Plant and Animal Key
Bald Eagles (Haliaeetus leucocephalus) can often be seen along the Nisqually River, especially when the salmon are spawning. They nest at the Refuge. Bald Eagles were Federally listed as a threatened species until 2007.
Chum Salmon (Oncorhynchus keta) spawn from November to January. They are one of 5 species of wild salmon in the Nisqually River. The others include Summer/Fall Chinook, Pink Salmon, Coho Salmon, and Steelhead. The Nisqually River, Estuary, and Reach support over 90 species of fish from 30 different families. Once the adult Chum Salmon head out to deeper waters, they go to the Gulf of Alaska where they feed for 2-3 years before returning to spawn.
Great Blue Herons (Ardea herodias) nest at Billy Frank Jr. Nisqually National Wildlife Refuge and can be seen fishing on the low tide (both incoming and outgoing), especially along the boardwalk.
Rockweed (Fucus distichus) and Barnacles (genus Balanus) grow along rocks in the mudflats. Native Littleneck Clams (Leukoma staminea) burrow underground.
Microscopic organisms — Diatoms (genus Chaetocerus), Dinoflagellates (genus Ceratium)and Zooplankton (genus Acartia) — form the foundation of the estuary food chain. Some species are photosynthetic making energy from sunlight. Others eat plants. Some do both which makes it hard to classify them as a plant or animal.
Greater Yellowlegs (Tringa melanoleuca) are among the shorebirds that use the Billy Frank Jr. Nisqually National Wildlife Refuge as a migrating stopover and wintering grounds. They are common at Nisqually in the spring, fall, and winter.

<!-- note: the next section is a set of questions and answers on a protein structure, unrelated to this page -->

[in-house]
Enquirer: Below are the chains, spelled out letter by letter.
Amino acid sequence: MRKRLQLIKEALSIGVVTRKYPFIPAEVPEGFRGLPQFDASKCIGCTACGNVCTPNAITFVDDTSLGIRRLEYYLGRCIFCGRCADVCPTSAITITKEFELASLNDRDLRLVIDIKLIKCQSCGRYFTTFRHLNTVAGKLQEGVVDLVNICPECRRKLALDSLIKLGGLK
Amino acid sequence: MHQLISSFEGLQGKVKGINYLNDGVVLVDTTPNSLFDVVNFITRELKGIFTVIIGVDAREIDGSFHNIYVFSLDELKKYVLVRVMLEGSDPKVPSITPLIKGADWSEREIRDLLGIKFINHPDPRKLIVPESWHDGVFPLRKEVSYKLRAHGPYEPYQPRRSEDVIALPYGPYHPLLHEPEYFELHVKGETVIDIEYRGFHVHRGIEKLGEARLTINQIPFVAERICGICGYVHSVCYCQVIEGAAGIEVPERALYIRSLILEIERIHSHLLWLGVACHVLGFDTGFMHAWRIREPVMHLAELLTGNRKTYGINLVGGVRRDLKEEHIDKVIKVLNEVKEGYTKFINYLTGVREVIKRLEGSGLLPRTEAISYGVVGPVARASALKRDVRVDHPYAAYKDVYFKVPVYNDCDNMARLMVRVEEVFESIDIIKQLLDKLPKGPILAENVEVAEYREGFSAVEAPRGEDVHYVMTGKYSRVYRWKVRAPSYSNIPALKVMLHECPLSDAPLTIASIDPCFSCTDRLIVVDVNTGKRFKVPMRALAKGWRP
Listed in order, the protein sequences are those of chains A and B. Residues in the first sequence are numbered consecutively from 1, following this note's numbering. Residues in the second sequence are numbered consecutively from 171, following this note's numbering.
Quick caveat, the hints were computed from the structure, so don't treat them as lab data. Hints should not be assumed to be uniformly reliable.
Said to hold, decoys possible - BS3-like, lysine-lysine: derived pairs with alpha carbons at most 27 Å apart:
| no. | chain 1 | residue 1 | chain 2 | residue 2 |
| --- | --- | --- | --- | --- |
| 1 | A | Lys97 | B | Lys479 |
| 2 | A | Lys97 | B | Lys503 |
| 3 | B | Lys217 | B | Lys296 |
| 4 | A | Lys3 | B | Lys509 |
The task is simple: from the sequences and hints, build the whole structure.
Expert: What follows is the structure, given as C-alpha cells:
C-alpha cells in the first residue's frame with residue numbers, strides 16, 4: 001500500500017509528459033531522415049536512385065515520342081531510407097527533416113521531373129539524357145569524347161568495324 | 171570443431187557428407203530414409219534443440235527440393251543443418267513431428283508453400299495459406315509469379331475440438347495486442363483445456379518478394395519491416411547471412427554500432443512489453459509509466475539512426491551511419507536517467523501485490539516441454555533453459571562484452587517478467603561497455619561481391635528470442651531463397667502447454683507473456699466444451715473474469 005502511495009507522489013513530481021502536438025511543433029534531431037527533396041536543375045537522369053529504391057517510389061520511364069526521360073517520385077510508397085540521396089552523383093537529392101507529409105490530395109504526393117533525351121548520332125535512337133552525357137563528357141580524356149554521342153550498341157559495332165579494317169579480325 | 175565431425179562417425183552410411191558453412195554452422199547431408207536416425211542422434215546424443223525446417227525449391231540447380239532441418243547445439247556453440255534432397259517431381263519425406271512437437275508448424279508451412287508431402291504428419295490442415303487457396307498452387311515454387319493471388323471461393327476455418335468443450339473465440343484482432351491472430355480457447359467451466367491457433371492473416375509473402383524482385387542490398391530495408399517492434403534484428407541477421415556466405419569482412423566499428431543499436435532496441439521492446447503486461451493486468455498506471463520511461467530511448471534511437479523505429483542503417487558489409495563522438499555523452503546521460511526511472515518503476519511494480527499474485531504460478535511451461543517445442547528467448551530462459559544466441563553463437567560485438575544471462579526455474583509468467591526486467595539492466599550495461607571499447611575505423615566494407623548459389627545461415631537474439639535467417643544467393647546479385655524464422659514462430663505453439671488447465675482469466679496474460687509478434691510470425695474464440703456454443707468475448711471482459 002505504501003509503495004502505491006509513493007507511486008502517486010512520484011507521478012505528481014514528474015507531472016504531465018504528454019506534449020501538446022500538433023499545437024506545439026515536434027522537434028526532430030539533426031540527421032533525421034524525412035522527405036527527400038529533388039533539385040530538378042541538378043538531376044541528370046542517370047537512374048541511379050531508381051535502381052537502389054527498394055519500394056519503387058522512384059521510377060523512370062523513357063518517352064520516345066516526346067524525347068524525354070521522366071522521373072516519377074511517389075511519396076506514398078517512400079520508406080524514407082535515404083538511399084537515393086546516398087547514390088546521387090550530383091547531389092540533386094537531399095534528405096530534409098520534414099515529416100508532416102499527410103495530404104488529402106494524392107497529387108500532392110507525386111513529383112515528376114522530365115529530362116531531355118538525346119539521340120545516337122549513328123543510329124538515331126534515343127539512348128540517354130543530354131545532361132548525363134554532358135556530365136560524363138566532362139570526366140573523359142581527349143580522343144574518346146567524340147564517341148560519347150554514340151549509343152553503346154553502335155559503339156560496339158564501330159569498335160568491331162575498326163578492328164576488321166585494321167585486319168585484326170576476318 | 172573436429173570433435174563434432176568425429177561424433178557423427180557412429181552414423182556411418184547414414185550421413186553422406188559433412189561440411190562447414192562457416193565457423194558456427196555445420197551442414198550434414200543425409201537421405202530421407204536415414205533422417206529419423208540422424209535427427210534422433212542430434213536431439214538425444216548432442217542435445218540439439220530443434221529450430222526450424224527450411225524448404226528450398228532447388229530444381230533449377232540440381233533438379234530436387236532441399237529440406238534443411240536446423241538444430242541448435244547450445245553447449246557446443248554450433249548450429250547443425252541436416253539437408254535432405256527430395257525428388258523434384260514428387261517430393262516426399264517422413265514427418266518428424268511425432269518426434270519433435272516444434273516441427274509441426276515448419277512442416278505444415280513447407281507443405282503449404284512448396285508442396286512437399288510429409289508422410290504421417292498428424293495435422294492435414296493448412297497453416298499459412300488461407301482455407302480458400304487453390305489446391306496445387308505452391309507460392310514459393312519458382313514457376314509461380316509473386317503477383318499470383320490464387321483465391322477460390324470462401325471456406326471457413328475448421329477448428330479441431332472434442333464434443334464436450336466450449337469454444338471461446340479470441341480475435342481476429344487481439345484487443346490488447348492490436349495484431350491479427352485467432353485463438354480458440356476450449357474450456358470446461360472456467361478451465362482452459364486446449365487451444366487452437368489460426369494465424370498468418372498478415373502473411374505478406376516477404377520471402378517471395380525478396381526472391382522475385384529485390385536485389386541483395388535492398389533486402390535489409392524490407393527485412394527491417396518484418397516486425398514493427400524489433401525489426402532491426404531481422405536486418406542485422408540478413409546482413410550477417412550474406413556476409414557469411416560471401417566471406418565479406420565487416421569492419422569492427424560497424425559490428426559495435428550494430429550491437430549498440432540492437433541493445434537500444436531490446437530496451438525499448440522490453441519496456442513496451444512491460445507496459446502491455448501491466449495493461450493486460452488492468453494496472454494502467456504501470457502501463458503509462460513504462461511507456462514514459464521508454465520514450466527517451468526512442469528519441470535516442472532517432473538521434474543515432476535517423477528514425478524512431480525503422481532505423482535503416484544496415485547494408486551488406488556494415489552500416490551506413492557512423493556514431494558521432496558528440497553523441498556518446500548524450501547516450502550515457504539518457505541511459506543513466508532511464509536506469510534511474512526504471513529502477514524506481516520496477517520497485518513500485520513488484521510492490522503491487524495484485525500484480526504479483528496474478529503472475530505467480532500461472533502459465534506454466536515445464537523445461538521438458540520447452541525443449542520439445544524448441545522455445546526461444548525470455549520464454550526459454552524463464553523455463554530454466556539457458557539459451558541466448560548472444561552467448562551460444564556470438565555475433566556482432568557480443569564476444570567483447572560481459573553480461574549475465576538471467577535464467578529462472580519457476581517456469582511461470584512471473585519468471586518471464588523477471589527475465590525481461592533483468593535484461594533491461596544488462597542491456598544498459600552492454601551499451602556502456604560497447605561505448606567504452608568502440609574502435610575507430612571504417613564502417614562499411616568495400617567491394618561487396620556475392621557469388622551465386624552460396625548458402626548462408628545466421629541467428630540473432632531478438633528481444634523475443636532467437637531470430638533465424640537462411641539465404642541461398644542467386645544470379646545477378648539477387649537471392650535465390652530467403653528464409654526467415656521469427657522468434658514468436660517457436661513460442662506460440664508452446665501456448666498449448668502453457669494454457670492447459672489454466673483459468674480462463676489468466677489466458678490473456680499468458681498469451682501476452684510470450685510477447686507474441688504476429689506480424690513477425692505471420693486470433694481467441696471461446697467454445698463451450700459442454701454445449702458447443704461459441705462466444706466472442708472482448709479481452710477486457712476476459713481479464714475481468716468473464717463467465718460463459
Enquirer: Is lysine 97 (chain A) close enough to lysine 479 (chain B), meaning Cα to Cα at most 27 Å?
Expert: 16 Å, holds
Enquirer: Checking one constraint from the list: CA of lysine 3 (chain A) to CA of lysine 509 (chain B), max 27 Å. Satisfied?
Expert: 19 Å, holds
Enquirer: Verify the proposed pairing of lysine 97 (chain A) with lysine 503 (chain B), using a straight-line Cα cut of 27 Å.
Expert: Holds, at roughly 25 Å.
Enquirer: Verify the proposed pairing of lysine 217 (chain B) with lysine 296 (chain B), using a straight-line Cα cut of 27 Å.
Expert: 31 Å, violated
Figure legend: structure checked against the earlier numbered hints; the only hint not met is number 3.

Crab (genus Hemigrapsus), Mussels (genus Mytilus), Pickleweed (Salicornia virginica), and Worms (phylum Annelida, class Polychaeta) are common in the salt marshes.
Chum Salmon Alevins. From November to January, Chum salmon lay eggs in the freshwater gravel of streams, such as Red Salmon Creek, that flow into the Nisqually River estuary. The embryos develop inside the egg sack and hatch after about four months. They live in the gravel and absorb their egg sacks for another six weeks.
Chum Salmon Fry. Once the young salmon absorb their yolk sacks, they emerge from the gravel as fry. They are about 1 – 1.5 inches long. They head downstream toward the Nisqually estuary where they live through the summer or longer before heading to the ocean. They seek shelter and food in the protected estuary channels.
Lyngby Sedge, (Carex lyngbyei) and Pacific Silverweed (Argentina anserina) grow in coastal salt marshes, a perfect habitat for the territorial Red-winged Blackbird (Agelaius phoeniceus)
Pacific Silverweed (Argentina anserina) flower in coastal salt marshes along with Lyngby sedge.
Seaside Plantain (Plantago maritima) is a common salt marsh plant.
The male (green head) and female (brown body) Mallards (Anas platyrhynchos) are abundant nesters at Billy Frank Jr. Nisqually National Wildlife Refuge. They can adapt to both salt and fresh water.
Belted Kingfishers (Ceryle alcyon) are common birds at Billy Frank Jr. Nisqually National Wildlife Refuge and feed on the abundant small fish found there.
Raccoons (Procyon lotor) frequent salt marshes looking for bird hatchlings and eggs, fish, crabs, and shellfish. Glaucous-winged Gulls (Larus glaucescens) guard their nests against raccoon predators.
Red Breasted Mergansers (Mergus serrator)are almost always found in the estuary closer to McAllister Creek.
Reed Canarygrass (Phalaris arundinacea) thrives in freshwater wetlands and was introduced as forage for cows and to bind the soil. In the Northwest, it is invasive, crowding out other wetland species of plants and limiting species diversity of wild animals. It can choke waterways and make it difficult for fish and birds to pass. In the Nisqually, this invasive species was recently controlled by removing the agricultural dikes to allow flooding of the estuary with salt water.